The Works of Lord Byron (ed. Coleridge, Prothero)/Poetry/Volume 1/Lines Written beneath an Elm in the Churchyard of Harrow
Spot of my youth! whose hoary branches sigh,
When Fate shall chill, at length, this fever'd breast,
September 2, 1807.
Lines written beneath an Elm
Churchyard of Harrow on the Hill
September 2, 1807.—[Poems O. and T.]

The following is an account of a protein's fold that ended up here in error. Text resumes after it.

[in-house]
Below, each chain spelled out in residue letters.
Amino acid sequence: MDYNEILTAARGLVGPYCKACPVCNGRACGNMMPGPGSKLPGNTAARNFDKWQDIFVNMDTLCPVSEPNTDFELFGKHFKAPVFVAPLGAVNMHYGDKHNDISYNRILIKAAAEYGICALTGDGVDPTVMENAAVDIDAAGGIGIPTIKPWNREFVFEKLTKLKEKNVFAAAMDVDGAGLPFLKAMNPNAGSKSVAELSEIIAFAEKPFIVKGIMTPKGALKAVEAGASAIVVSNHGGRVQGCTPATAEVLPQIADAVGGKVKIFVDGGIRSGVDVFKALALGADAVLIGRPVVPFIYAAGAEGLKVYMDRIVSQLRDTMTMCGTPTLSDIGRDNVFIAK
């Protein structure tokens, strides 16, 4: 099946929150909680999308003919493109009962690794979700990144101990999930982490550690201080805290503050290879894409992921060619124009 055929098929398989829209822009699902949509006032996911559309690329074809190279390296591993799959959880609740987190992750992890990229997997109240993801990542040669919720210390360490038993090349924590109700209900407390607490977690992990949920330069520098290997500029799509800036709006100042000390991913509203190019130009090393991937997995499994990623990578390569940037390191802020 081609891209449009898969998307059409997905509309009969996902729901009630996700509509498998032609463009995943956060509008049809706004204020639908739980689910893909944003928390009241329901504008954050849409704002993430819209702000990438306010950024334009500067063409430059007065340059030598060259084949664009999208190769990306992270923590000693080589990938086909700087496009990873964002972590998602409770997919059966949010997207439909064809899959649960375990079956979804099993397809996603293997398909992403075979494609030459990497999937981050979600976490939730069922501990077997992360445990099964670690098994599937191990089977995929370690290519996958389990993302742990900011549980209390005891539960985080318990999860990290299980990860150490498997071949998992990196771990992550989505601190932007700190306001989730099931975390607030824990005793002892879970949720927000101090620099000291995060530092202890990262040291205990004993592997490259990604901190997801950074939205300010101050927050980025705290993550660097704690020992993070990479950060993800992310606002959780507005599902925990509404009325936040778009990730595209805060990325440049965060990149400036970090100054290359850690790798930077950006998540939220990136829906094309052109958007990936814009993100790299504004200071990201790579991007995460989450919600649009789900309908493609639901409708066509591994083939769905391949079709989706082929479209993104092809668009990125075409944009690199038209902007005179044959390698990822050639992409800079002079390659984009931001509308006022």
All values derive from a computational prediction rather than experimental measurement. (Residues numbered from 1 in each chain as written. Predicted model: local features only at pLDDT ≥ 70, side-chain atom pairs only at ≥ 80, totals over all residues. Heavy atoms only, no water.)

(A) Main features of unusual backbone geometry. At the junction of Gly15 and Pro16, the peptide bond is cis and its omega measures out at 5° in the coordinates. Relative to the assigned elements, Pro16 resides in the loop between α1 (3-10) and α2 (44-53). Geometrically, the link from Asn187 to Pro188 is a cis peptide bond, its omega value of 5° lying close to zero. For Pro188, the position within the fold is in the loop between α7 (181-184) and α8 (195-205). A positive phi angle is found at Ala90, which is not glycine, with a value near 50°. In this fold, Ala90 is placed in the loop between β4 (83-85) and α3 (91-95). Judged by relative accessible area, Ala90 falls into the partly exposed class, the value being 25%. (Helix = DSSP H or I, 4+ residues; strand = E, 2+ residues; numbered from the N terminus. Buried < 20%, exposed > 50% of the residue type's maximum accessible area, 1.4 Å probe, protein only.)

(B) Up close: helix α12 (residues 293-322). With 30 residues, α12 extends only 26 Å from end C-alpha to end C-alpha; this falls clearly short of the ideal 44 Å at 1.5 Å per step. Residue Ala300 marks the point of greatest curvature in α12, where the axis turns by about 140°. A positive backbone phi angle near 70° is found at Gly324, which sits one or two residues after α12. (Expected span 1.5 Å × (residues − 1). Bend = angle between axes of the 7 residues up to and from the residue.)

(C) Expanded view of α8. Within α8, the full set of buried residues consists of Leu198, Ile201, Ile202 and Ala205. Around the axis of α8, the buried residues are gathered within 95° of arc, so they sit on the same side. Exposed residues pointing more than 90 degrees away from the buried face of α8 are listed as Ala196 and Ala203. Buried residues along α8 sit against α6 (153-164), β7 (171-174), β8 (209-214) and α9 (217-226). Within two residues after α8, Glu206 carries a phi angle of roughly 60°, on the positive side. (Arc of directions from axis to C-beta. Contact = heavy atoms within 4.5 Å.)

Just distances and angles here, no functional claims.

- [On the death of his daughter, Allegra, in April, 1822, Byron sent her remains to be buried at Harrow, "where," he says, in a letter to Murray, "I once hoped to have laid my own." "There is," he wrote, May 26, "a spot in the churchyard, near the footpath, on the brow of the hill looking towards Windsor, and a tomb under a large tree (bearing the name of Peachie, or Peachey), where I used to sit for hours and hours when a boy. This was my favourite spot; but as I wish to erect a tablet to her memory, the body had better be deposited in the church." No tablet was, however, erected, and Allegra sleeps in her unmarked grave inside the church, a few feet to the right of the entrance.]